How To Minimize Wear And Tear On Your CCW And Holster
When practicing at the range, train like you intend to fight. Modern firearms are built to take a beating and keep operating. That said, your slide release isn’t a door jam. That recoil spring is keeping your pistol ready to spring back into action the second it’s pulled back into position. So, take it easy on your slide release by not storing your firearm with your upper receiver locked back.
Regularly rotate rounds through your magazines. Don’t keep a loaded magazine in a closet for years before firing. Will it work? Yes. But it’s not good to keep a spring in a tense position because springs have a life expectancy. Rotate rounds and conduct regularly scheduled maintenance on your magazines as well as your firearm.
Lubricate the right parts. Your owner’s manual for your pistol or revolver will come with specifications for what parts need to be lubricated. Any time metal touches metal, that’s a likely place some amount of lubricant should be placed. Never over lubricate. A thin layer of good, reliable gun lubricant should do just fine.
Conduct regular routine maintenance on all your firearms but especially your everyday carry firearm. If you trust your life to a pistol or revolver, take good care of it. Unload it and disassemble it to the manufacturer’s specifications. Clean it with non-abrasive cloth and brush and ensure the barrel is always free of dirt or grime. Will a modern pistol or revolver operate just fine with a little carbon on the inside of the barrel? Yes. But if you’re interested in keeping it for a long time, you should treat it right.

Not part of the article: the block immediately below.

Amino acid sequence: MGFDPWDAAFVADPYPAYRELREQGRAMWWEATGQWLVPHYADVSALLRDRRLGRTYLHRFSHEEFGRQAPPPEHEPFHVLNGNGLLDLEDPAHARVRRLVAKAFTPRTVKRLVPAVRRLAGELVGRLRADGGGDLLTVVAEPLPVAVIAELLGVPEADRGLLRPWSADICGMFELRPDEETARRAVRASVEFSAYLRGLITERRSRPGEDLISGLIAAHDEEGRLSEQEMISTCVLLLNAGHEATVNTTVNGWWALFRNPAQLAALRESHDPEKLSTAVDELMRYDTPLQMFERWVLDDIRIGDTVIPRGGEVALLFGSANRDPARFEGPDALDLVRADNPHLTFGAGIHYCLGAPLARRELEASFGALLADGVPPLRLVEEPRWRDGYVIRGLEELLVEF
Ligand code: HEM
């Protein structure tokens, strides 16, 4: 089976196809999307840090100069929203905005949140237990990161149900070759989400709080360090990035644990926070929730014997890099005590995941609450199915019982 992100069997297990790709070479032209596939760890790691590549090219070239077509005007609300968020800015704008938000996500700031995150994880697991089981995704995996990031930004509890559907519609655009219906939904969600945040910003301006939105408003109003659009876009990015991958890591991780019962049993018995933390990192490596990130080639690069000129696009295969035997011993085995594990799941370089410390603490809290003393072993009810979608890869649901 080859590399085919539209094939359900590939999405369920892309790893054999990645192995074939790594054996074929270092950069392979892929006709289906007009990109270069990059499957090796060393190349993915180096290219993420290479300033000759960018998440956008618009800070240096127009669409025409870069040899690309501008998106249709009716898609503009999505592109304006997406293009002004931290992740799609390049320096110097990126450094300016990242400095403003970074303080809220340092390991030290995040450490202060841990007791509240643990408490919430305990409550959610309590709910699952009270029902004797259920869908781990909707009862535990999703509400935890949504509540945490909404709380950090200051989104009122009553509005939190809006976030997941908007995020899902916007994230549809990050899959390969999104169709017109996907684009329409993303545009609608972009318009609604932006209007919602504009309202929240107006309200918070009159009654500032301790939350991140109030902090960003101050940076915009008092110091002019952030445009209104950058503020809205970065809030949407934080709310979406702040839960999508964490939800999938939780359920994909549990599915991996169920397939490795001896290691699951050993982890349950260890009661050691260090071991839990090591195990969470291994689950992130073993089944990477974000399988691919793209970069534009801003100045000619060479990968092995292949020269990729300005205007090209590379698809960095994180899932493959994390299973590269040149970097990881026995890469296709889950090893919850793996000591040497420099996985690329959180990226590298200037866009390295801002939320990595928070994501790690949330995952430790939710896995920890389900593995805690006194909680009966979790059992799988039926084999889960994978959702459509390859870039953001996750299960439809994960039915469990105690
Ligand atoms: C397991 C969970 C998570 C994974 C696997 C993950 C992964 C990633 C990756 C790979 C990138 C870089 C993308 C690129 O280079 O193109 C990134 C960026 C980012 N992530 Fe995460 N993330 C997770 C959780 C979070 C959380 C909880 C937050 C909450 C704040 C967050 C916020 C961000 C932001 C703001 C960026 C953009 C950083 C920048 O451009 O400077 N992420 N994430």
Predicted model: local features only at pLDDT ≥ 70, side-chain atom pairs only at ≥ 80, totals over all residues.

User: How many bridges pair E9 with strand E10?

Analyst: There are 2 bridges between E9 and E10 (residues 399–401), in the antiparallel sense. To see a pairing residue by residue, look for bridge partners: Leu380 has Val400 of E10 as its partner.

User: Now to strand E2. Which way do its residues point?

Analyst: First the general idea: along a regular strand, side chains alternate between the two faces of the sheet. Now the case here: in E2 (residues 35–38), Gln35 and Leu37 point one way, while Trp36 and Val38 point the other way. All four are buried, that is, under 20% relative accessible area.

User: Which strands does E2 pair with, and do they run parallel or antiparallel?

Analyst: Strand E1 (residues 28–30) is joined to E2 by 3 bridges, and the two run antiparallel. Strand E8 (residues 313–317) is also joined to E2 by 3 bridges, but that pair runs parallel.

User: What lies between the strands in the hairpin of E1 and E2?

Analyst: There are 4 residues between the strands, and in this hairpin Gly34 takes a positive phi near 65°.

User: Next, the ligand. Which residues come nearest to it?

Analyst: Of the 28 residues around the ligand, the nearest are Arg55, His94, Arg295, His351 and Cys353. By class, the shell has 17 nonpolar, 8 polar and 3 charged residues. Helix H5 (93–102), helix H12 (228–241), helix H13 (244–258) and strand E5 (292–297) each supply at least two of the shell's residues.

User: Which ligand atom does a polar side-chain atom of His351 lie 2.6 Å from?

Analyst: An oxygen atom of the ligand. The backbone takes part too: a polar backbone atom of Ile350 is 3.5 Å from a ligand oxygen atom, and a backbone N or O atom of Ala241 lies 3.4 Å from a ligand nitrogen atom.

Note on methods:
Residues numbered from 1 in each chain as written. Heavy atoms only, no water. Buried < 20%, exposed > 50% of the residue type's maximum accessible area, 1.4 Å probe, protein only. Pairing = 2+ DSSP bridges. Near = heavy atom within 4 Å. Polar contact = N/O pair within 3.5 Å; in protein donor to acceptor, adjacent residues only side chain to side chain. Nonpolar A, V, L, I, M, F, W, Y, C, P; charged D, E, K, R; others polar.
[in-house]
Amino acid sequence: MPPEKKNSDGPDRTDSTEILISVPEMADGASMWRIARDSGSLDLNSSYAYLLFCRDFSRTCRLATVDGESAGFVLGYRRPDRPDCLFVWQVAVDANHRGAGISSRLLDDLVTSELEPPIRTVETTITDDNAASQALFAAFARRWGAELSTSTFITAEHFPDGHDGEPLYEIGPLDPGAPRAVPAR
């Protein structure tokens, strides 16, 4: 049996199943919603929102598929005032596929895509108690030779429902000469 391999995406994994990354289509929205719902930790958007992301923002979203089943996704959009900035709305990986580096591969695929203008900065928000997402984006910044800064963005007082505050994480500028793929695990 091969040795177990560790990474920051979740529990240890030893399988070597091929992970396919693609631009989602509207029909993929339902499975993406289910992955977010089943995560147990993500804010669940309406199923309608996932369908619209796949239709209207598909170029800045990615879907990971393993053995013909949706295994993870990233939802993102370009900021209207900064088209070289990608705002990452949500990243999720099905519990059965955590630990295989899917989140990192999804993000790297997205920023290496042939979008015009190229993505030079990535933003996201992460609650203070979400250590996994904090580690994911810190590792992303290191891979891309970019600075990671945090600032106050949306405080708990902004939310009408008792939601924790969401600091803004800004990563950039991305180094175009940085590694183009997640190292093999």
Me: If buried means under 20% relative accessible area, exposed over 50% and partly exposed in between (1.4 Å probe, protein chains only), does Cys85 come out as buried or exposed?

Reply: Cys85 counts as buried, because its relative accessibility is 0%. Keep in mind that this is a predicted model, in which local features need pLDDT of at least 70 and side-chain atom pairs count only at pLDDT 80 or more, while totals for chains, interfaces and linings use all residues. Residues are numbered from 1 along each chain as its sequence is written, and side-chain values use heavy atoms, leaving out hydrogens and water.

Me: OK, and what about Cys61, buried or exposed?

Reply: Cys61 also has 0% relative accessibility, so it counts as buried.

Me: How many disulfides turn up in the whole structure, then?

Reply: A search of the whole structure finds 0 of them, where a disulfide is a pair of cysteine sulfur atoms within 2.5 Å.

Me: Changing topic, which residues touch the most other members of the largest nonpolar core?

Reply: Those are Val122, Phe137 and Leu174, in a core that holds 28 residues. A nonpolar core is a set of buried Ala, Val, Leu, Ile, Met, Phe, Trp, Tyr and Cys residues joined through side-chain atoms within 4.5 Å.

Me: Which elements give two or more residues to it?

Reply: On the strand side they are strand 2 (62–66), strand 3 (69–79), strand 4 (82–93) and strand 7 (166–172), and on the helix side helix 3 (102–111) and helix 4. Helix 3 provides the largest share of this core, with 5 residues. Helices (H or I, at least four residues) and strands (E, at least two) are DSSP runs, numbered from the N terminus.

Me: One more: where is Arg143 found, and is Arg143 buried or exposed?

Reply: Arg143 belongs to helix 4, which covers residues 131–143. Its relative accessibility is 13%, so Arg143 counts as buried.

What About The Holster?
Your everyday carry holster should protect your trigger guard, offer high retention of the firearm, and mesh well into your waistband. For simpler IWB holsters that rely on only one belt clip (usually made out of thermal injection molded plastic or similar), take it easy on the clasps. They shouldn’t be snapping and breaking but anything, over enough time, will be prone to wear and tear. So when you take your holster out of your belt line, be gentle.
Load your firearm into your holster and then load the holster into your waistband. This saves you from jamming your pistol into your waistband and reduces the wear and tear on the backpad of the holster. In an actual scenario, you’ll likely not do this – and that’s fine. It’s mostly a cost savings measure inbetween those moments when you critically need to draw and re-holster your firearm.
Be honest with your holster. If a part of it is failing to either keep high enough retention or you notice a cracking in the polymer, replace that part immediately. Anything that’s used every day will show signs of wear and tear. And that’s good – it means you’re carrying every day. All the same, try to take it easy on the equipment that you depend upon.
If it’s been an especially hot day and your holster is soaked from perspiration, take it out and let it air dry. This will help it regain its form and last a bit longer. Else, get a holster with a neoprene backing so that it’s already designed to handle sweat.
James England is a former United States Marine Signals Intelligence Operator and defense contractor with over two tours spread over the Al Anbar province and two more operating across Helmand and Baghdis. He is presently a writer focused on Western foreign policy and maintains an avid interest in firearms. A graduate of the University of North Carolina at Wilmington, he presently resides in New Hampshire – the “Live Free or Die” state. He is finishing up his first novel, “American Hubris”, which is set to hit shelves in Fall of 2015.